There was plenty of cloud news last week, as the Amazon Web Services Summit got underway in San Francisco and added more fuel to public cloud providers' ongoing competition over features and pricing. With the cost of infrastructure plummeting (both AWS, Google and Microsoft recently announced major price cuts), industry executives and observers have debated whether the public cloud can eventually become inexpensive enough for organizations to run most workloads on it.
The aftermath of the AWS Summit is good opportunity to consider how the evolution of the public cloud as well as changing IT requirements are affecting the feasibility of private and hybrid deployments. With that in mind, here's a quick roundup of last week's cloud and Eucalyptus news.
Egnyte CEO on $0 Cloud Storage and the Future of Cloud Services
Writing for VentureBeat, Egnyte CEO Vineet Jain predicted that the continual price cuts of AWS and GCE would culminate in $0 storage within the next 12 to 18 months. He cited the $1.99 monthly price tag for 100GB of Google Drive as a harbinger of increasingly commoditized infrastructure and file sharing/synchronization services.
Still, Jain doesn't expect rock-bottom prices to convert all organizations to IaaS. Although his argument is mostly about storage, its thrust applies to the cloud as a whole. Companies have particular requirements for security, compliance and control, and those needs will necessitate flexible solutions that take both on-premises and remotely hosted resources into account.
Forrester Analyst Positions Public Cloud as Road to the Hybrid Cloud
Picking up on similar points, Forrester Research's Dave Bartoletti told TechTarget that for many organizations, the public cloud is usable only via hybrid deployments. One-third of respondents to TechTarget's IT Priorities 2014 Survey stated that they planned to hire a hybrid cloud integration provider this year, underscoring strong demand for solutions that can connect internal systems and public cloud platforms.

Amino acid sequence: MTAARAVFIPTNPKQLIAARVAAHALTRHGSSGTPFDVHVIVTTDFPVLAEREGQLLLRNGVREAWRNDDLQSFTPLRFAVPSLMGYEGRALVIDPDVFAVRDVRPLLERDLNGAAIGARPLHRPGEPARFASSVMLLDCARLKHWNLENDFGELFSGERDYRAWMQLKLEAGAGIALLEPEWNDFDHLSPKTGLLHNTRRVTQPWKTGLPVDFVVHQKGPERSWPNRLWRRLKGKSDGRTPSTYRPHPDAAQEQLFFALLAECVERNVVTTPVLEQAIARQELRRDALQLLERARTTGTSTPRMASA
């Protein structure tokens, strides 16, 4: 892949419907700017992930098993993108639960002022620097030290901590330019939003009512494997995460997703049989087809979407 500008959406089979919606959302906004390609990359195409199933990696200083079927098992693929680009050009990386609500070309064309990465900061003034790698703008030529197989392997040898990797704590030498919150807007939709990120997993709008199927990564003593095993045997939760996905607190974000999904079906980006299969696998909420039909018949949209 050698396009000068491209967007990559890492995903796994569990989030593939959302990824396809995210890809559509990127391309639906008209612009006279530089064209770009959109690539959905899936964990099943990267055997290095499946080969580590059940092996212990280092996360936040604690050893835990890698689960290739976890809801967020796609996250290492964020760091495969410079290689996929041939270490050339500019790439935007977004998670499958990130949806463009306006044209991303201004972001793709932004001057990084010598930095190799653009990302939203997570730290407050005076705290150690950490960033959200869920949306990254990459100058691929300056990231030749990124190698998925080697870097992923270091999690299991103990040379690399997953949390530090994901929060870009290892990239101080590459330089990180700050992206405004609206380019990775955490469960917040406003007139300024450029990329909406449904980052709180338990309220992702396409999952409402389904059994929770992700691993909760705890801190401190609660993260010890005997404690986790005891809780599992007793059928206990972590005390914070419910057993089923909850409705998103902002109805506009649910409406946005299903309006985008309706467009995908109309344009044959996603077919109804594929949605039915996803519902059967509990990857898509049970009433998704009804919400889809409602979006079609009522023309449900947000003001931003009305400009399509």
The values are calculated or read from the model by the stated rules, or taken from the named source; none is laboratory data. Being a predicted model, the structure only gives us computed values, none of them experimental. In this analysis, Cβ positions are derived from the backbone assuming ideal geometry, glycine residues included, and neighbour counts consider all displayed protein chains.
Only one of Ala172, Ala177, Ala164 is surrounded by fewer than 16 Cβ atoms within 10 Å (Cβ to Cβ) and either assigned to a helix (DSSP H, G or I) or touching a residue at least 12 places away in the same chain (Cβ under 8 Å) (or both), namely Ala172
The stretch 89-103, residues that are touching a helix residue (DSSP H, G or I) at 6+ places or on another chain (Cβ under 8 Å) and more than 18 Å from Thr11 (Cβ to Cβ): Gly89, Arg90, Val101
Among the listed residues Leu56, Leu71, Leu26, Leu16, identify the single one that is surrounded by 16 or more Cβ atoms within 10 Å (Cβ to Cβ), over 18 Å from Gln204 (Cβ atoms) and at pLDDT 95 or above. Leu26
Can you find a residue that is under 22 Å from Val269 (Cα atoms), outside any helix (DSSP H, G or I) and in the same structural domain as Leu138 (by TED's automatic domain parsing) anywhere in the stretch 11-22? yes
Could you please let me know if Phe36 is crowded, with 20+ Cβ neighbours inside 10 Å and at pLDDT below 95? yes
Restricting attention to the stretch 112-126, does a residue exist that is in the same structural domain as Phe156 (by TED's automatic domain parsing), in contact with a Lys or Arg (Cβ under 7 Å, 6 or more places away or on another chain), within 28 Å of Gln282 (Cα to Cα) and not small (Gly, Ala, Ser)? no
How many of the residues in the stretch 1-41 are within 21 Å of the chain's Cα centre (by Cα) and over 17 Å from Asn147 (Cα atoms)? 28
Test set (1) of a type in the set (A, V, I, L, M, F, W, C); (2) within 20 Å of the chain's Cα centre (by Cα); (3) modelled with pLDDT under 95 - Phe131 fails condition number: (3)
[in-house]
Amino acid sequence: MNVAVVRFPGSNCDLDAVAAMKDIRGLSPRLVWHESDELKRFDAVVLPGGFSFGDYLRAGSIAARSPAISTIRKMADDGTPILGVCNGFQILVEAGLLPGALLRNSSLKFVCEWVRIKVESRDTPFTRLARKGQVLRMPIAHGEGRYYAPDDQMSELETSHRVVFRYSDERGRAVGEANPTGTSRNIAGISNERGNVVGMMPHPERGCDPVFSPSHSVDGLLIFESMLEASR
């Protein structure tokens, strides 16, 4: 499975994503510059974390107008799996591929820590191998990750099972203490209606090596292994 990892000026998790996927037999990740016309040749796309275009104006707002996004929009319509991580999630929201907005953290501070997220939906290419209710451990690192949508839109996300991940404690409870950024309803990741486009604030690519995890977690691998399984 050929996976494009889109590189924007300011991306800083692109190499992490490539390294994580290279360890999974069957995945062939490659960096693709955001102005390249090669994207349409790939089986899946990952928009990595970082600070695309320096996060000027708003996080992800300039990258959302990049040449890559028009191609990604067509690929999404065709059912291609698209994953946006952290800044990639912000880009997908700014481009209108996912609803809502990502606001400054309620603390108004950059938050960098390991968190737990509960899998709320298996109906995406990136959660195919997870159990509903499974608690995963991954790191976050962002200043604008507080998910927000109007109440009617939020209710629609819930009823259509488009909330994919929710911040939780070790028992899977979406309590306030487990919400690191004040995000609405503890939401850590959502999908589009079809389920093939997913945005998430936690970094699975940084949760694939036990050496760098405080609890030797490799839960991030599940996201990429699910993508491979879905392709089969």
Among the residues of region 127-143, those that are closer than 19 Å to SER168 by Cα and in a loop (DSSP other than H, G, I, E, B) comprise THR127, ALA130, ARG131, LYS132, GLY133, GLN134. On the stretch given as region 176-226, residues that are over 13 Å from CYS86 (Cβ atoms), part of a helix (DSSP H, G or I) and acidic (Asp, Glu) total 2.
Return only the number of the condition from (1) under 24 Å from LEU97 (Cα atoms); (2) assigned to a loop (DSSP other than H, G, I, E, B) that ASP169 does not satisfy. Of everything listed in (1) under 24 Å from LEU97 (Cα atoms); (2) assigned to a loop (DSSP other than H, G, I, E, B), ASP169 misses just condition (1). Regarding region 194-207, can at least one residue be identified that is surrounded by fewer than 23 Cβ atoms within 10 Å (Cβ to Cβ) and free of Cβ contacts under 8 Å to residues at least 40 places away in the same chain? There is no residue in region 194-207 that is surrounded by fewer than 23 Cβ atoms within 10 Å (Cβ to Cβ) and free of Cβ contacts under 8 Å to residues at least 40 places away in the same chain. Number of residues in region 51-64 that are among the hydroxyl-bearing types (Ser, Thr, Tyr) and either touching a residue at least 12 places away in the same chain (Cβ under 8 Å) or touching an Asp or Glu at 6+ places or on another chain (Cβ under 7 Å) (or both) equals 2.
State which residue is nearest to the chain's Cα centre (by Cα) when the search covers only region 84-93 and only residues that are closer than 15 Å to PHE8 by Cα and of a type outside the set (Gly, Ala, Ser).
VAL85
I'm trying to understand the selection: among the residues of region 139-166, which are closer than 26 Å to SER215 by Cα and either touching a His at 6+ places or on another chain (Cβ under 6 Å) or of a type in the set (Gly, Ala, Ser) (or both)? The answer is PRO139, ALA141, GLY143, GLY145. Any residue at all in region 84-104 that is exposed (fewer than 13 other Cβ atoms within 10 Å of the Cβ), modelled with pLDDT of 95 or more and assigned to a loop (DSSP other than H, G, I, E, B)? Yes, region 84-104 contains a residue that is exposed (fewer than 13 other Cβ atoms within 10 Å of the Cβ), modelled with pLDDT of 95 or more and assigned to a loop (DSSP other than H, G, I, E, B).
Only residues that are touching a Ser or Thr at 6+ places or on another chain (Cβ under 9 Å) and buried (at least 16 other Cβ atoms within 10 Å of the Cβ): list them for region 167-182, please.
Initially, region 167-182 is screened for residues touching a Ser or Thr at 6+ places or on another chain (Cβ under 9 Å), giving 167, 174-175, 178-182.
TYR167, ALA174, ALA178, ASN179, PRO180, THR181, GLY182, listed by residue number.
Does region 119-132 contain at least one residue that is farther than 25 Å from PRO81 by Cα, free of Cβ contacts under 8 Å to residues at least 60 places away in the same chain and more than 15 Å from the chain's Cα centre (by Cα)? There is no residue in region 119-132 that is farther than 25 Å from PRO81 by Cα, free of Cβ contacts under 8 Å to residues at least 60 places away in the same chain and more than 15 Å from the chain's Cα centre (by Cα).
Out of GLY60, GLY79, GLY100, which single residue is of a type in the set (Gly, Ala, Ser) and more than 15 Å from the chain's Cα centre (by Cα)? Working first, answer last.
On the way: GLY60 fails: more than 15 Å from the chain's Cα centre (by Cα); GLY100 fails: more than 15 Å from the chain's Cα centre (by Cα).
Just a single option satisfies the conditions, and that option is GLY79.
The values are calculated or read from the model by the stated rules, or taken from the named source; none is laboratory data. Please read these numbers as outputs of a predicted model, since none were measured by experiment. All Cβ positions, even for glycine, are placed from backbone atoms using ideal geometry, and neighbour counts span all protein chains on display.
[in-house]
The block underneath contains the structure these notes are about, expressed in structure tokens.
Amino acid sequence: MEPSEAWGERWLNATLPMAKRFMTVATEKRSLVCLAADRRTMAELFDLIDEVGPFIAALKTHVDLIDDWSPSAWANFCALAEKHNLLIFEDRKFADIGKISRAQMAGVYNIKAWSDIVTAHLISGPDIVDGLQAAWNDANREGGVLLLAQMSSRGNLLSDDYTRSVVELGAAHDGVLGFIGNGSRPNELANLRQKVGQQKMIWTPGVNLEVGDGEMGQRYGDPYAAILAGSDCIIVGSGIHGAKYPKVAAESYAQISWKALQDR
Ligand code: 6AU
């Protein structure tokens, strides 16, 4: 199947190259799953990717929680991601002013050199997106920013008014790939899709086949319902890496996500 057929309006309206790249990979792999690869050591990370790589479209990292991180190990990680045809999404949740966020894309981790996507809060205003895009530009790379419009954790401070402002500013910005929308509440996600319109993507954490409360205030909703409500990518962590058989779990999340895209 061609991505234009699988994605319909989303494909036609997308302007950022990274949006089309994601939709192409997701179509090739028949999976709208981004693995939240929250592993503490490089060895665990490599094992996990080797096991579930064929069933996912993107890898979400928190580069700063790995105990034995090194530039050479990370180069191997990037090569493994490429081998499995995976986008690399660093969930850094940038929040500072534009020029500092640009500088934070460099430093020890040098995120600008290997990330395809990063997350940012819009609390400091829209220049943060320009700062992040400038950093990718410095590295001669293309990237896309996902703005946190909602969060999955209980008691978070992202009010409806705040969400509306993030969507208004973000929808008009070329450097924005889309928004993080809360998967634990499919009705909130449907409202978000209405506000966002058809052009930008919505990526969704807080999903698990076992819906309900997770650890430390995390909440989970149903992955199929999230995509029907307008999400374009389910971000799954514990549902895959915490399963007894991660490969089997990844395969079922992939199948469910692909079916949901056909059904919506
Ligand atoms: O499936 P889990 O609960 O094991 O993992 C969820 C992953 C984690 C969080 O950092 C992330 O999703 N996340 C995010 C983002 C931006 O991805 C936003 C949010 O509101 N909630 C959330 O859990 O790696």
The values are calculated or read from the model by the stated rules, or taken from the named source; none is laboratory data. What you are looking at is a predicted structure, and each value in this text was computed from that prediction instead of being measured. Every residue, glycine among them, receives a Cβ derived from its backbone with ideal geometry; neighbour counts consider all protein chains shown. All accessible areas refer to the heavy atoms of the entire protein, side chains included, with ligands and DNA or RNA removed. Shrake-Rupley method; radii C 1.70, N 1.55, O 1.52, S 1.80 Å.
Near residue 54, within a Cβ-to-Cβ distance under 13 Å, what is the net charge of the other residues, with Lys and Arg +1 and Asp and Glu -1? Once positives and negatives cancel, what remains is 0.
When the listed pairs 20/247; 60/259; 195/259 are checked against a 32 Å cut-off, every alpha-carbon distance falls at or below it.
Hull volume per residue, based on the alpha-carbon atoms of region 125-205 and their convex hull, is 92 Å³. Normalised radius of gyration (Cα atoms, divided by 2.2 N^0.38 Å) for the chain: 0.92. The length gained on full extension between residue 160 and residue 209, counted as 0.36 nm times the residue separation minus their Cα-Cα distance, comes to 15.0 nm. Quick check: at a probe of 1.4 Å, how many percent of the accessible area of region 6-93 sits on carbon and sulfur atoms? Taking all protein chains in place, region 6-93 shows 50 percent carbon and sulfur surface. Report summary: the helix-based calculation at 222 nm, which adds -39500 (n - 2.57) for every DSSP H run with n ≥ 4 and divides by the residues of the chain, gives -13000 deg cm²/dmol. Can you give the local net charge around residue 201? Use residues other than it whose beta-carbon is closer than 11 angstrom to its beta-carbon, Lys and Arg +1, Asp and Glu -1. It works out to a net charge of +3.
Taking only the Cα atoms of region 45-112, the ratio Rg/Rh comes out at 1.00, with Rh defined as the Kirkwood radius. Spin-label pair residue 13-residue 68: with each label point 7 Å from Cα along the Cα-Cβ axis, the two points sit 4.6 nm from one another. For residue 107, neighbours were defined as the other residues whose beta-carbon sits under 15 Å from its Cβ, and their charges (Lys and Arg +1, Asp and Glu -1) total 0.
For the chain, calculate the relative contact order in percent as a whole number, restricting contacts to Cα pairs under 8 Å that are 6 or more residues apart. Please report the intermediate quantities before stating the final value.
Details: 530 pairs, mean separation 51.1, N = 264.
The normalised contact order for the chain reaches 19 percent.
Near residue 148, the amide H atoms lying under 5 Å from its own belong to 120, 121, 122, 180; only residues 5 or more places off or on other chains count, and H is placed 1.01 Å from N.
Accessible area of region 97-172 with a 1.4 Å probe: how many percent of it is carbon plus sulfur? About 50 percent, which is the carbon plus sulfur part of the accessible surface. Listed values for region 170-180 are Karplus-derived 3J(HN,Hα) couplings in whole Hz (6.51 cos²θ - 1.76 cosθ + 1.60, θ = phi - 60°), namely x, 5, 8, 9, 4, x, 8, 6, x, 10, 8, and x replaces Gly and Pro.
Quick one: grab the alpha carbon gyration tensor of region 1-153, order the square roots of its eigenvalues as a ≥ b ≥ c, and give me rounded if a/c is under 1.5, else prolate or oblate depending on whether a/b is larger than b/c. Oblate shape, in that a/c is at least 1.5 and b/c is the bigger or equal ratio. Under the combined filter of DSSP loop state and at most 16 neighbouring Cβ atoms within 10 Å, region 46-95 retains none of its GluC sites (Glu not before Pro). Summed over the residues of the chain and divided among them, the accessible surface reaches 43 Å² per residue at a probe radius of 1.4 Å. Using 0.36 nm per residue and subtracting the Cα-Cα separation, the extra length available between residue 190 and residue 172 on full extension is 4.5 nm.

Bartoletti summarized some of the best reasons for building a hybrid cloud, such as increased programmer productivity, shorter time to market, better utilization of existing resources and superior cost savings compared to entirely public setups. He stated that a hybrid cloud is a good option for any company that wants to invest more in an application.
GigaOM on public cloud providers realizing the importance of private deployments
Amazon senior vice president Andy Jassy acknowledged that some workloads are probably better run on internal systems or in data centers. He cited Digital Alpha as a legacy technology that may be still applicable under certain circumstances.
More broadly, public cloud providers from Amazon to Google have modified their services to target enterprises in addition to startups and developers. AWS getting a contract with the CIA and Google permitting interaction between BigQuery and on-premises databases shows that these companies are increasingly mindful of how public cloud isn't necessarily a panacea, addressing the full range of workloads.
AWS Summit in San Francisco Wrap-up by Holger Mueller
Enterprise Software Musings has a great recap of the recent AWS Summit in San Francisco. AWS emphasized its breadth and depth this year, focusing not only on pricing but on versatile services and interaction with private clouds.
Holger Mueller stated that AWS has largely been focusing on innovation rather than trying to consciously one-up the competition, although its price cuts show awareness of the ongoing race to the bottom in public cloud pricing. Mueller highlighted Infor's usage of AWS for enterprise processes rather than dev/test or trialing as an indication of how AWS was evolving and staying ahead of its public cloud rivals.
Eucalyptus CEO Mårten Mickos on Controlling Your IT Destiny with a Test Cloud
Cloud Borat recently made the case for ditching private cloud and going 100 percent public, citing the increasing affordability and flexibility of public cloud platforms. Eucalyptus CEO Mårten Mickos responded to this argument at length in a comment to the post.
Mårten dispelled some of the misconceptions around private cloud in particular and controlling one's IT destiny in general. Private clouds can provide quick provisioning of resources, lowered costs over the long run (since the model is capex rather than opex), control over data and computation and high levels of security. Public cloud API compatibility via Eucalyptus also makes it easy to have a hybrid cloud right out of the box.